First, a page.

Because it is so popular, WordPress is probably the most targeted web application for hackers to attack. This post is intended to provide some basic steps that you can take to protect your site. Let’s step through all the things you should do or be aware of.
By default, WordPress has ‘standard’ folder and file naming, making it really easy to spot that your site is using WordPress. Hide My WP changes these. Unfortunately, not all plugins follow the ‘WordPress rules’ when naming things, and so Hide My WP might break parts of your site, and for this it has some pre-built compatibility modes that you can import. The more plugins that you have, the more likely it will be that you will need to use one of these compatibility modes. Fortunately, plugin writers frequently update their plugins, and I have seen quite a few that have been re-written to avoid this issue. You can only purchase Hide My WP from CodeCanyon, but the cost, at US$22 is very reasonable.
After you have purchased, downloaded and installed Hide My WP, in your admin screen left menu, go to Settings => Hide My WP => Start. You will want to enter your purchase code here, and then select one of the Import Options. The one I found best for me was the ‘Medium Privacy – More Compatibility (Recommended)’ setting. Save that page, and then go to the next tab; General Settings. The very first option is to do with your Error 404 page. This subject merits its own blog post, so read about the Error 404 page here. PLEASE set this option, as it is most important.
The next important option to focus on here is the ‘Hide Login Page’ option. Most brute force attacks on WordPress sites start with the login page, and they know it is called wp-login.php. This option means that to login there must also be a parameter entered, or else a 404 error is thrown, hopefully making the attacking program that this is not a WordPress site. If you are going to use this option, you should really rename the parameter name and value, but be sure to make a secure note of what you set them to! Frankly, I think this option is of limited value. It even suggests an alternative plugin to rename the login page, called Theme My Login. I use one called Rename wp-login.php, but this is no longer maintained. You might also want to set the minify setting here, unless you have a plugin for this purpose, and also the email options.
On the Permalinks & URLs tab, make sure that you are happy with the renaming of the folders – you can give them any valid name as long as it is still meaningful to search engines! There are a lot more options, but I have left most where they are for now, including the minify option (set at Safe minify) and the Anti-Spam system (enabled). The final tab is the PHP IDS (Intrusion Detection System). Again, for now, leave the options as they are, with the Enable IDS on to monitor and set to frontend. If you want to explore the options further, I suggest reading the documentation.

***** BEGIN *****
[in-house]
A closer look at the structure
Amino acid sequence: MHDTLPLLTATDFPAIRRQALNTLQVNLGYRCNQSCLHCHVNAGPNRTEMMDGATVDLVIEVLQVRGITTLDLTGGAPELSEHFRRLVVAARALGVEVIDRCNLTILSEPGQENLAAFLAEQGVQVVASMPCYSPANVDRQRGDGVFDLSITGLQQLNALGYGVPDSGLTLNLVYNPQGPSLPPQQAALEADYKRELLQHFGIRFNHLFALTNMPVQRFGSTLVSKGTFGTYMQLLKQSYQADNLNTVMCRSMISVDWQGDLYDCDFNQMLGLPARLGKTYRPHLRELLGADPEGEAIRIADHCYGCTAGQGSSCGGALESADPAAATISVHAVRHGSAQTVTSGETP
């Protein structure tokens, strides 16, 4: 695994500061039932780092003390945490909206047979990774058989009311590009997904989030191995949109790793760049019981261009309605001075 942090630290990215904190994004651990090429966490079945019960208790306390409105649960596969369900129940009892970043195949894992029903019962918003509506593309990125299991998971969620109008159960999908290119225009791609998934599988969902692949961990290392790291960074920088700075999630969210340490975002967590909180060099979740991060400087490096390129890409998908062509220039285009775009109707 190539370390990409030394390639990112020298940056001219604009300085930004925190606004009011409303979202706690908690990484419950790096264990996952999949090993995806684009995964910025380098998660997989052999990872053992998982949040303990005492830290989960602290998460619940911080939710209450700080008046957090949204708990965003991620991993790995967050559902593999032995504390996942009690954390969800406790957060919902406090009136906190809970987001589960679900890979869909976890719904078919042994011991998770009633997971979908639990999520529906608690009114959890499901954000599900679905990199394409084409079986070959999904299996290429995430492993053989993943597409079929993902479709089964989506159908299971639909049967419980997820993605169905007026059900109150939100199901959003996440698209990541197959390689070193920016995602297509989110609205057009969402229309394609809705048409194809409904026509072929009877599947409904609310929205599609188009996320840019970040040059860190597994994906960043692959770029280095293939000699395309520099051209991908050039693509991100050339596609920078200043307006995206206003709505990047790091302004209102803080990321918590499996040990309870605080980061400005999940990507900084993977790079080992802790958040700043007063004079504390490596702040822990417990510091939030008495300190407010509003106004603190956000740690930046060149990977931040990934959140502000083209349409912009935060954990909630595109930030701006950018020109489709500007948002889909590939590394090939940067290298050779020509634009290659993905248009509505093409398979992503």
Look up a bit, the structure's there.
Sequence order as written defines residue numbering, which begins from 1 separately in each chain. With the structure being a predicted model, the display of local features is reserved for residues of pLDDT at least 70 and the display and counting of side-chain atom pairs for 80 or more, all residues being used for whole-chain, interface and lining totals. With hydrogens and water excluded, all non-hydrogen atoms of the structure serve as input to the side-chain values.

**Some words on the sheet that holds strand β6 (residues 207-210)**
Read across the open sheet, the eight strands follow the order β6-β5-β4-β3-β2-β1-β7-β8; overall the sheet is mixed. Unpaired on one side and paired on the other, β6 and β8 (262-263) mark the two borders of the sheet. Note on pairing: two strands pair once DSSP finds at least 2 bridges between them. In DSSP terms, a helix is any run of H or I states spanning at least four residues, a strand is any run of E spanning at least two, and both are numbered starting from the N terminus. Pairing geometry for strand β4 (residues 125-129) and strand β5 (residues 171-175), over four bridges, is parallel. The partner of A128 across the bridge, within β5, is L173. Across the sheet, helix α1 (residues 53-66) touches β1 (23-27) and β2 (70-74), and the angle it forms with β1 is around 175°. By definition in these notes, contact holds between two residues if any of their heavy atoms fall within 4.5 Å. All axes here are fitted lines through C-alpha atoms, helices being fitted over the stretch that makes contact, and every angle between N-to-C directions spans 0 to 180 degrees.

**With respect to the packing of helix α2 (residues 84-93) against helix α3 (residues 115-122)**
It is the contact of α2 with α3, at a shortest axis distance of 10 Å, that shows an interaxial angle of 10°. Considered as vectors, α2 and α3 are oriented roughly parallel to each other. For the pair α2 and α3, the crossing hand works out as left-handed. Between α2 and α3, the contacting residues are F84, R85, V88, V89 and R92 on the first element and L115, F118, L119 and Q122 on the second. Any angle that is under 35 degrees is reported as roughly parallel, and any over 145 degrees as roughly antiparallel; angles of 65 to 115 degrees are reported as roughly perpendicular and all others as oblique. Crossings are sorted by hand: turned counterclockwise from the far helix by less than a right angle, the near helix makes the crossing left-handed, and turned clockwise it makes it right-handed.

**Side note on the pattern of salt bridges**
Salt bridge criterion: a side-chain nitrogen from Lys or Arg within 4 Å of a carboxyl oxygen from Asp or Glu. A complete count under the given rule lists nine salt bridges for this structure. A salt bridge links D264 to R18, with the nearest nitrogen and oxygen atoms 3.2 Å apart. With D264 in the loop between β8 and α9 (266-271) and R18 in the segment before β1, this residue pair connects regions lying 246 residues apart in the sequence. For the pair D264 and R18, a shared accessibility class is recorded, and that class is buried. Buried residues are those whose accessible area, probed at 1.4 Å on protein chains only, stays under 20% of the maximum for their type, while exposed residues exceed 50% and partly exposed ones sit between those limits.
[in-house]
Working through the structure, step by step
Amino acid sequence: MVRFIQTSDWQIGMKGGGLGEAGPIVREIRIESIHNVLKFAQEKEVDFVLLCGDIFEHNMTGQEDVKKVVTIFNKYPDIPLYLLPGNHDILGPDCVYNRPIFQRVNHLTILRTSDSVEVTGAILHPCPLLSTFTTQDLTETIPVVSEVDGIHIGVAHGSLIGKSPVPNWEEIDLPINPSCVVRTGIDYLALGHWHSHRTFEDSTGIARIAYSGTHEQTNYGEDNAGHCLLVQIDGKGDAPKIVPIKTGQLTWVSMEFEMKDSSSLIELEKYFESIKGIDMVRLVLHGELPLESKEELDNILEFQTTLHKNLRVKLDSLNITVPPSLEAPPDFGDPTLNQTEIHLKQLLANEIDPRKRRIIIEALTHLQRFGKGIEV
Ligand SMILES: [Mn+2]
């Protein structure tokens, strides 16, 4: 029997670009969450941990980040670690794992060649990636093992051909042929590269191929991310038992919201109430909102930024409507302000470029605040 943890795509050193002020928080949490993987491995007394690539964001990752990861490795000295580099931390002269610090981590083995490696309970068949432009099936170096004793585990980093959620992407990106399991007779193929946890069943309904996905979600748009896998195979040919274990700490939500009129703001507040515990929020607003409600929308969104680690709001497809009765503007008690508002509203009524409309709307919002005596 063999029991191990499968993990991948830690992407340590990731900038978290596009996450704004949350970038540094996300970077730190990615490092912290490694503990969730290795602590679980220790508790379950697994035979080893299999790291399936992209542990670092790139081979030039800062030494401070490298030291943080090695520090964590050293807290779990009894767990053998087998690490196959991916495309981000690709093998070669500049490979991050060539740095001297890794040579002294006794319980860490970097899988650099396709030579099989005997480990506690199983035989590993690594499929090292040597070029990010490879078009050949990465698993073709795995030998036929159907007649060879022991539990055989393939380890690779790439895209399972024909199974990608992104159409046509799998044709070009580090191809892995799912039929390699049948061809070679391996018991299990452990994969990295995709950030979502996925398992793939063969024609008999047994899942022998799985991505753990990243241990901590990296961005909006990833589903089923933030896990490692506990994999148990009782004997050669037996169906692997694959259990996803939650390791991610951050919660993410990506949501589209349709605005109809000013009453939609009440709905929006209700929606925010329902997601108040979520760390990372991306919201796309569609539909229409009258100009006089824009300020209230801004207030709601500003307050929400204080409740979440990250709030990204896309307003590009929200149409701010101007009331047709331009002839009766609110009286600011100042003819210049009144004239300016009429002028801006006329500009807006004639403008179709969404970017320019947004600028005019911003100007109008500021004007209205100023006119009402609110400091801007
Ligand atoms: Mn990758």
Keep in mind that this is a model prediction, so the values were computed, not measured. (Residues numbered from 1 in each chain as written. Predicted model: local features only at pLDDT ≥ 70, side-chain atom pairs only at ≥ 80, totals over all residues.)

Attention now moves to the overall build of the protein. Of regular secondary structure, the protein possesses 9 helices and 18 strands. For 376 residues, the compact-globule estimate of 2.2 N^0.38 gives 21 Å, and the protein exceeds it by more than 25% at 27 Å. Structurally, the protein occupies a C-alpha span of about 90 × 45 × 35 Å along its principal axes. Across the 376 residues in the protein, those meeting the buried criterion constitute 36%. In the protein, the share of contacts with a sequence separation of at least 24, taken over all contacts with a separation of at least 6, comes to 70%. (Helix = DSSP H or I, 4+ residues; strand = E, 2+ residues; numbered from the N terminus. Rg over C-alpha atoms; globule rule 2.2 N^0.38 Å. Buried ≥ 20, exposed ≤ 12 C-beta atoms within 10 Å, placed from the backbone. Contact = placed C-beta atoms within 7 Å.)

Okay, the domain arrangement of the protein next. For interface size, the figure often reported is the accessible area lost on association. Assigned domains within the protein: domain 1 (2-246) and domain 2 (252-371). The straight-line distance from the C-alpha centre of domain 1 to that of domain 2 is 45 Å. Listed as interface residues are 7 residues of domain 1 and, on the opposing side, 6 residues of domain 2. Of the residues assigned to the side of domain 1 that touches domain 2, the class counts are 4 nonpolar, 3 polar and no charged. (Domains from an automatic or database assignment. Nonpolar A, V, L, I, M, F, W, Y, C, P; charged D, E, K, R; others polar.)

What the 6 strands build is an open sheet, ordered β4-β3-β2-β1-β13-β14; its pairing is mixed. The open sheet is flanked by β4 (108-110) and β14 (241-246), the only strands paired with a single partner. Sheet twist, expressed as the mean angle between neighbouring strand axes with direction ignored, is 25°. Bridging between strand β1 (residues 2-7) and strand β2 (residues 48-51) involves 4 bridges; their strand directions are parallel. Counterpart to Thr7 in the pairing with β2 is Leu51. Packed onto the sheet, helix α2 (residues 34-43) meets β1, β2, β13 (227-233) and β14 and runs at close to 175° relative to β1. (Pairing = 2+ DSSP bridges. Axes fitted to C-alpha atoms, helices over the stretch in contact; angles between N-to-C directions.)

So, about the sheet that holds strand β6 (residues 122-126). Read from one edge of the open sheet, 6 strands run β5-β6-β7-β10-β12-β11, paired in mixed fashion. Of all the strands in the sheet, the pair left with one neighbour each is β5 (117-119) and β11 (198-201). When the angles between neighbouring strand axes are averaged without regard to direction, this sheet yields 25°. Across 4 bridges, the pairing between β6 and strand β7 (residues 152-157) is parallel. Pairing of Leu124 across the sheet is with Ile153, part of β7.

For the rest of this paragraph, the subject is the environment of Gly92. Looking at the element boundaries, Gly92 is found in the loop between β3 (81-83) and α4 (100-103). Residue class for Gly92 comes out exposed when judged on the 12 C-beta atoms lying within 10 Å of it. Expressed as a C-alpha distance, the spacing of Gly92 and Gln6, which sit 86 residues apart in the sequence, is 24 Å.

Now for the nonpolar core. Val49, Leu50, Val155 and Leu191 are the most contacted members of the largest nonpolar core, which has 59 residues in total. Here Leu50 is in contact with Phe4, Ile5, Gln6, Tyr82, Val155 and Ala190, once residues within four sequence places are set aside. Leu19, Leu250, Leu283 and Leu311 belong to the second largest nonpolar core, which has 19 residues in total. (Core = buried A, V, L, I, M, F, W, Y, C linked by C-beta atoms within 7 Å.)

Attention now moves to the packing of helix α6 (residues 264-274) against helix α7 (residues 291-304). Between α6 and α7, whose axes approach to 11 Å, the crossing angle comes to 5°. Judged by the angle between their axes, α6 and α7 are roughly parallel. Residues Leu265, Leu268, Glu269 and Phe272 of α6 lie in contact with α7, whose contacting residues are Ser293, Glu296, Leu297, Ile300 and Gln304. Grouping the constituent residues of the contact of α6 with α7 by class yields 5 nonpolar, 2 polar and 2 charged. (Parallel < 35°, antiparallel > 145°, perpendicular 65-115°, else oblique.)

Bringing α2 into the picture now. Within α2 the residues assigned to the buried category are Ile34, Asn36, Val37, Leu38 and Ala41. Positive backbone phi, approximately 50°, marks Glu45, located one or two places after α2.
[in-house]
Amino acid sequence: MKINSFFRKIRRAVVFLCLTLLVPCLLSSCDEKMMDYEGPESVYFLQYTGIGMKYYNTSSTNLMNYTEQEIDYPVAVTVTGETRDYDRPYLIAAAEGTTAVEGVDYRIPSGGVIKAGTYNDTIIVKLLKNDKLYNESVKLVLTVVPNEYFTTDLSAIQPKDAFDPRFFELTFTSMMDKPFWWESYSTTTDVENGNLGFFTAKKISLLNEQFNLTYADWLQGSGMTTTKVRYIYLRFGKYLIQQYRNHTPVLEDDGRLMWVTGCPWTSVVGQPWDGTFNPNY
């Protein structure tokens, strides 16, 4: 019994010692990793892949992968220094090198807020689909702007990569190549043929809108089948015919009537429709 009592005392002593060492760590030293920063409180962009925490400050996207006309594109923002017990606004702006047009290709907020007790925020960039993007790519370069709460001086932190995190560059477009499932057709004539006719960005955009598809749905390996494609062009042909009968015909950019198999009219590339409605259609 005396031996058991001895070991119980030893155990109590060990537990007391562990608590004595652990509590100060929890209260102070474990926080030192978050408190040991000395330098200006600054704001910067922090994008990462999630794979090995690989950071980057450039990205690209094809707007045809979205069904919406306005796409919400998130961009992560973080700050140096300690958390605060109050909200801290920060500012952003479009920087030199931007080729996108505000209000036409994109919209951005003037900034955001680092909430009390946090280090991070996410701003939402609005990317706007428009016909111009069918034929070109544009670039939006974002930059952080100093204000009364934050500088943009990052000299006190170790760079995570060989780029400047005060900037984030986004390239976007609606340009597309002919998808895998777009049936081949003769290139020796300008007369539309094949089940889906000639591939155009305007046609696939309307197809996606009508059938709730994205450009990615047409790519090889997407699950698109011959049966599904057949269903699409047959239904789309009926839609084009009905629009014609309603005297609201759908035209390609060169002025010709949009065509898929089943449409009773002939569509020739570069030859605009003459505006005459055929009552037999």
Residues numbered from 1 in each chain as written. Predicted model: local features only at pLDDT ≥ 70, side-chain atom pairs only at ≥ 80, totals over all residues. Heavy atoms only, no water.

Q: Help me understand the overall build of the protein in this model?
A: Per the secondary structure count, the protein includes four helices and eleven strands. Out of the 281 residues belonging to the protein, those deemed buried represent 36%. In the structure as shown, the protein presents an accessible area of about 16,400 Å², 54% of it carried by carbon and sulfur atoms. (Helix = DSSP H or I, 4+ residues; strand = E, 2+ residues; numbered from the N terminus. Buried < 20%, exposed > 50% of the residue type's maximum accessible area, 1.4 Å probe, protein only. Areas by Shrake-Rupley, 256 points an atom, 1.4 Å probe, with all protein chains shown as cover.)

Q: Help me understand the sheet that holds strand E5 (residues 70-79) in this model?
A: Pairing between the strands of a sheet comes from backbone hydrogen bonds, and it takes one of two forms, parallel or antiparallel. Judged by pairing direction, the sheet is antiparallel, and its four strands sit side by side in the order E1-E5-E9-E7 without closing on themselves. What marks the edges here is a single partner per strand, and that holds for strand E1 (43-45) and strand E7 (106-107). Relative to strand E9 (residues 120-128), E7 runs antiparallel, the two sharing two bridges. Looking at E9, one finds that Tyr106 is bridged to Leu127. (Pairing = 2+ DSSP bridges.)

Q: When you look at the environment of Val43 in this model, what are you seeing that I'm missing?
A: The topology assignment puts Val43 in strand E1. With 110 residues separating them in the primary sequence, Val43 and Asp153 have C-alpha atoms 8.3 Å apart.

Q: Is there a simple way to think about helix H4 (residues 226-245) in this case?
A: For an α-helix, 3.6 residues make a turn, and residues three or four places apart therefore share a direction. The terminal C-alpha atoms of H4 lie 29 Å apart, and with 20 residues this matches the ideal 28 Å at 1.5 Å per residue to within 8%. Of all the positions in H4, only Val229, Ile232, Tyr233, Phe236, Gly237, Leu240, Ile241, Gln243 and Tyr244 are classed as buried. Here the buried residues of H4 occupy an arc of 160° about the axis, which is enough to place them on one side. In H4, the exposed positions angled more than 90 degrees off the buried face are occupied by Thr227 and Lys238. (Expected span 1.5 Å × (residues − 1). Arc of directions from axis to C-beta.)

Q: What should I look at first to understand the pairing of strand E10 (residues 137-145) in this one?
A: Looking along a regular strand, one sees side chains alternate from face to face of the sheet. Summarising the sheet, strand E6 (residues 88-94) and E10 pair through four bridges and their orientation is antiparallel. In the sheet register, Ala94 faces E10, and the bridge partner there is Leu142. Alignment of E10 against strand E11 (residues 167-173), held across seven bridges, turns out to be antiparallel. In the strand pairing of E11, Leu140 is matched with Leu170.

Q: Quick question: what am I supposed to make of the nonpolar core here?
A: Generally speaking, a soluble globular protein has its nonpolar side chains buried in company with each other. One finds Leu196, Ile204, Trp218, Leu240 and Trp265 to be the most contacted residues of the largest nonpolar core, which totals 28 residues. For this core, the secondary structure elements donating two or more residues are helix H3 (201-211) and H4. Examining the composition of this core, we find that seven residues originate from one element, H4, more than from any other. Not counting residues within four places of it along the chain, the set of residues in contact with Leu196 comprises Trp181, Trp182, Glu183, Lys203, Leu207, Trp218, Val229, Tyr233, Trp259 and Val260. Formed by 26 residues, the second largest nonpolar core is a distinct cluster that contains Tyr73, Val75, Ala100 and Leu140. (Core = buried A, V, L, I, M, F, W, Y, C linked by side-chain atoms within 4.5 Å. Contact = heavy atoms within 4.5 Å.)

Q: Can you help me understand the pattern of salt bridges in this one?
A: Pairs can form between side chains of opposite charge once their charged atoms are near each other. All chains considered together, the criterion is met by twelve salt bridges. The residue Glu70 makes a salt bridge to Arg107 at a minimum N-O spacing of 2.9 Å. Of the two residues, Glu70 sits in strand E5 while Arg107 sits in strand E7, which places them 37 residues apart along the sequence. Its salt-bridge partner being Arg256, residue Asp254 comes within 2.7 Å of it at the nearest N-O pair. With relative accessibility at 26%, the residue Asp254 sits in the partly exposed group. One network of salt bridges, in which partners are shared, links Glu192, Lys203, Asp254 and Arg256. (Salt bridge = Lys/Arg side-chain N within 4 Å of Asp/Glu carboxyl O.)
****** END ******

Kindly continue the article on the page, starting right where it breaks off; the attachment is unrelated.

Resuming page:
WordPress Security and Firewall
There are two main (popular) plugins available:
- All In One WP Security & Firewall, which has over 600,000 downloads to date, and is entirely free.
- Wordfence Security, which has over 4,200,000 downloads to date. It has a free and a ‘premium’ version.
I am going to focus on Wordfence Security Premium. If you buy the annual license, it will cost US$39 per year. But, you can buy as many license API Keys as you want, and each lasts a year. So, to get 3 year’s coverage, it adds only US$40 for the additional 2 years, or an average of just over US$26 per annum. The license API Key is valid from when you first use it, so you can start the clock ticking whenever you want. Other than the daily scan (and the alert emails it generates) and the regular email newsletter, the two features I use most are the IP Blocking and the Advanced Blocking. At the moment I get IP numbers to block from two sources; spam contact emails (using the contact form on the site – I get very few of those as there is spam filtering on it anyway) and from Intrusion Detection Alerts (I discussed this in the previous section on Hide My WP. Did you know that worldwide, Wordfence typically blocks nearly 20,000 login hacking attempts per minute! They have a live map you can see this on on their homepage. Most options you can leave at the default setting, unless you notice a problem. The Wordfence documentation can be found here.
Another hacking method is to send a url request with a ‘bad query’ attached. A really simple solution exits for this, and is free. Install the Block Bad Queries plugin. No settings are needed.
Every person I know hates doing these, because, for 99% of the time, you never need them. And then it all goes wrong. The hours, days and weeks it takes to recover, if indeed you can, are very painful. There are quite a few options, but it boils down to either doing it manually (you WILL forget) or an automated option. I will look at automated options. Some are partial services and some full. The partial services tend to only back parts of your site up and often any recovery has to be done manually. Full service options do full backups and have a recovery system or service. Take it from someone who has had to recover websites, this latter type is the only type to use.